The antiabortion cause has been aided by scientific advances that have complicated American attitudes about abortion. Prenatal ultrasound, which has allowed the general public to see fetuses inside the womb and understand that they have a human shape beginning around eight weeks into pregnancy, became widespread in the 1980s, and some babies born as early as 24 weeks can now survive.
The scientific advances are demonstrating what pro-life advocates have been saying all along. There’s a human being in there, and an abortion stops the heart and takes a life. Unfortunately, the humanity of the unborn is never really discussed, although Pickert quotes Frances Kissling (longtime abortion activist), who clearly affirms that abortion terminates human life:
Kissling opposes the specific state laws pushed by pro-life activists but says the pro-choice movement’s effort to “normalize abortion” is counterproductive. “When people hear us say abortion is just another medical procedure, they react with shock,” she says. “Abortion is not like having your tooth pulled or having your appendix out. It involves the termination of an early form of human life. That deserves some gravitas.”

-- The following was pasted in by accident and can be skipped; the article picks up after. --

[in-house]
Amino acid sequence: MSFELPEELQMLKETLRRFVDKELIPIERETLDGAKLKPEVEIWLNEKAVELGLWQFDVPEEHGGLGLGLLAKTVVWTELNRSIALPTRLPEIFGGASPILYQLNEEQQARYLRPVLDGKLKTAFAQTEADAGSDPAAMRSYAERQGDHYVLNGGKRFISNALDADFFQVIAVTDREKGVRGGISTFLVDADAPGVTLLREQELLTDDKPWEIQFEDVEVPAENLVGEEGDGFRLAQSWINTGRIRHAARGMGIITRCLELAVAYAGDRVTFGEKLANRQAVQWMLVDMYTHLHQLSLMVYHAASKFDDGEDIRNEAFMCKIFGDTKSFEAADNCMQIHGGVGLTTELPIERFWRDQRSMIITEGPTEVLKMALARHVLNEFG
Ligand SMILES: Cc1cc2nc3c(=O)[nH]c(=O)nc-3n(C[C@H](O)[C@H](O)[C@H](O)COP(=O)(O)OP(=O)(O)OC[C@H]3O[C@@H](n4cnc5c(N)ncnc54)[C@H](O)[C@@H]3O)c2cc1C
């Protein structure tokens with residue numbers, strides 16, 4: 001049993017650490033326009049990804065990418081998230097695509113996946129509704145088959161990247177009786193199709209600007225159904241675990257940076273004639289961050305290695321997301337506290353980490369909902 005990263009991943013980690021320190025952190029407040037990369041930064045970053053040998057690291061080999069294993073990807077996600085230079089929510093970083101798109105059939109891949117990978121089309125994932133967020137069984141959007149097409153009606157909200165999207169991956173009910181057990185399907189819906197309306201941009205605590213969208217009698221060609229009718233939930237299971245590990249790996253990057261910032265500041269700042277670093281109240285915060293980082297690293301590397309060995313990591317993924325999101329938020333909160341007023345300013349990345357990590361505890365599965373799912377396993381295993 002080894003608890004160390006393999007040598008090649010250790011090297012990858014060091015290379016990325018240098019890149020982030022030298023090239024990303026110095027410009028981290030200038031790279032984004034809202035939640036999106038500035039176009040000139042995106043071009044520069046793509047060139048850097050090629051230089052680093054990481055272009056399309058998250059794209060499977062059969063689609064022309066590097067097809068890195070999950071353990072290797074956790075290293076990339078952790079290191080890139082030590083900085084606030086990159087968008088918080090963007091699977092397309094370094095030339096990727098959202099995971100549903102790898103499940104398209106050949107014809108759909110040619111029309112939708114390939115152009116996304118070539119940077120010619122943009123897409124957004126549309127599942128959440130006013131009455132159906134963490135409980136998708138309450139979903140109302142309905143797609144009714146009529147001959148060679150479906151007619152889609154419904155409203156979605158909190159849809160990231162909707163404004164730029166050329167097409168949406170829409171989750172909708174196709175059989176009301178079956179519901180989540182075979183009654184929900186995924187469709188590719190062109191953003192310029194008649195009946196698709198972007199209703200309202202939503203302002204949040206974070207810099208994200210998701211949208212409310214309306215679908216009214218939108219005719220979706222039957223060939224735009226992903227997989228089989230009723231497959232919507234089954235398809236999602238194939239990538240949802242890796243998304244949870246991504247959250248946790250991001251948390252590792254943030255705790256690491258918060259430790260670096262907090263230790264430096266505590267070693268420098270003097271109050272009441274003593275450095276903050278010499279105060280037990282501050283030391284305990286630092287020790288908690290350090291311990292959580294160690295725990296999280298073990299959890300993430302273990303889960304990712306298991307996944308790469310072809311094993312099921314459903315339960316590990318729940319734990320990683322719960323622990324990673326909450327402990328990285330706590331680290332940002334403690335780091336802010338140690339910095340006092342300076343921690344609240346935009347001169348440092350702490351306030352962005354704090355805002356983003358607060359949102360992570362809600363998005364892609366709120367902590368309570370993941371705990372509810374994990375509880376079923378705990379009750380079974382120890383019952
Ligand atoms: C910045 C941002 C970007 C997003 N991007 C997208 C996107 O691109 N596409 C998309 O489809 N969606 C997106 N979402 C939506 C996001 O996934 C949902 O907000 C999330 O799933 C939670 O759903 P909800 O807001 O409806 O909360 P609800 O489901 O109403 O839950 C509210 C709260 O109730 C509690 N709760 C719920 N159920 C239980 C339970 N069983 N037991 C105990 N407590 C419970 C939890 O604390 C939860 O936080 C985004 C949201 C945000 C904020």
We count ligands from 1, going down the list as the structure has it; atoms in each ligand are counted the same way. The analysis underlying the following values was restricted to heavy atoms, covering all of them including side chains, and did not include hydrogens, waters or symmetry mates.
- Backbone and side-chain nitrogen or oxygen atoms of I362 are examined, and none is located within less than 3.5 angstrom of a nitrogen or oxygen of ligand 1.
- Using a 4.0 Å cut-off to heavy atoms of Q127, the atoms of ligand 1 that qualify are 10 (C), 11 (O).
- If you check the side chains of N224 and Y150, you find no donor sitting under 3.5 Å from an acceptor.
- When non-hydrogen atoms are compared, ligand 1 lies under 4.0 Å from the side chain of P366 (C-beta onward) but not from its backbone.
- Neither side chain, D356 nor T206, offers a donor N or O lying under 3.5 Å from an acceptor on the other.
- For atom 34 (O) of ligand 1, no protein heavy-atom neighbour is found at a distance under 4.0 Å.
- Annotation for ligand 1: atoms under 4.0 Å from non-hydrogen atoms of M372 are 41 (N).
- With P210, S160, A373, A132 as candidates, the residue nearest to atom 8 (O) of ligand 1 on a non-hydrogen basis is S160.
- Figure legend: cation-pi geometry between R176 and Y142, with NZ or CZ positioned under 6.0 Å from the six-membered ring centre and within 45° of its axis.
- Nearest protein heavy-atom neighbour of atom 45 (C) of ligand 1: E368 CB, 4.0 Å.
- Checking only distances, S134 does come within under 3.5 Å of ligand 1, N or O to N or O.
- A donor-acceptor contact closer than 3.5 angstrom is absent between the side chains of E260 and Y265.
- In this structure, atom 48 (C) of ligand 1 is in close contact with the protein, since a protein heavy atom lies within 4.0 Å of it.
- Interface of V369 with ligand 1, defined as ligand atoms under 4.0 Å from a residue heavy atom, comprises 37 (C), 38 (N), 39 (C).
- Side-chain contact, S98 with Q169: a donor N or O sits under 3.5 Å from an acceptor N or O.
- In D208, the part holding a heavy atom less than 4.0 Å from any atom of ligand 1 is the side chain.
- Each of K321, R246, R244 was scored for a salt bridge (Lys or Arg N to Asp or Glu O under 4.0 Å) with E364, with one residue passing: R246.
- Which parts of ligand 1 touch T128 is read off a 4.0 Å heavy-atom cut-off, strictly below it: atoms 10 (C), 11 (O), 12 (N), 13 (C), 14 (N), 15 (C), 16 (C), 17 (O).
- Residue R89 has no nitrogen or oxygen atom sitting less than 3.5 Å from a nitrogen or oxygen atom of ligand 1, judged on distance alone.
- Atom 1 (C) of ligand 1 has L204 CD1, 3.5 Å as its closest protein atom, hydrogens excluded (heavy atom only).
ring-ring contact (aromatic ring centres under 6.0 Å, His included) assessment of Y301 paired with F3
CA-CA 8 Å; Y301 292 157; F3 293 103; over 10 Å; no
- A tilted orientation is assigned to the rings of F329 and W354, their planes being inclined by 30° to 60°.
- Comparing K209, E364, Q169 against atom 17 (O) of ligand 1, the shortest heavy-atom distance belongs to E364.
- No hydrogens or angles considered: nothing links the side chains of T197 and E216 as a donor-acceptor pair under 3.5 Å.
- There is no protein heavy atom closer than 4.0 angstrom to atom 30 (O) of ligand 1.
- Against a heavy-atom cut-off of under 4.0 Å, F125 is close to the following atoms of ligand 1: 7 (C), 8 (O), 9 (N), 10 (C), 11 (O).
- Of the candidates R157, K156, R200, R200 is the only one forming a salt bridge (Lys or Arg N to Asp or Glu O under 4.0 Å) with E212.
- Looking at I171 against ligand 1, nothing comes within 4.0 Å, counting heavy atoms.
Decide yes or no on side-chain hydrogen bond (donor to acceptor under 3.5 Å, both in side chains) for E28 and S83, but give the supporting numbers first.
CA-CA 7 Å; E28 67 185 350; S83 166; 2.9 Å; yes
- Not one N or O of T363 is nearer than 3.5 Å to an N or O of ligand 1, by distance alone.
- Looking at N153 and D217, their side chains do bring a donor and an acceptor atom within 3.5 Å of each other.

After a quote like that, you wonder if this article might actually delve into the central issue surrounding this debate: What is the unborn? At what point does an unborn child get human rights? But no, we return to the abortion clinic and the beleaguered, shrinking number of OB/GYN doctors willing to perform abortions. The article ends this way:
In theory, a lower rate of abortion might be something for both sides of the abortion debate to share credit for and even celebrate. But it also illustrates the ultimate challenge for pro-choice advocates. Their most pressing goal, 40 years after Roe, is to widen access to a procedure most Americans believe should be restricted–and no one wants to ever need.
Despite the many setbacks the pro-life cause has faced and will continue to confront, TIME recognizes which movement is gaining strength and which movement is fading. And that’s worth celebrating!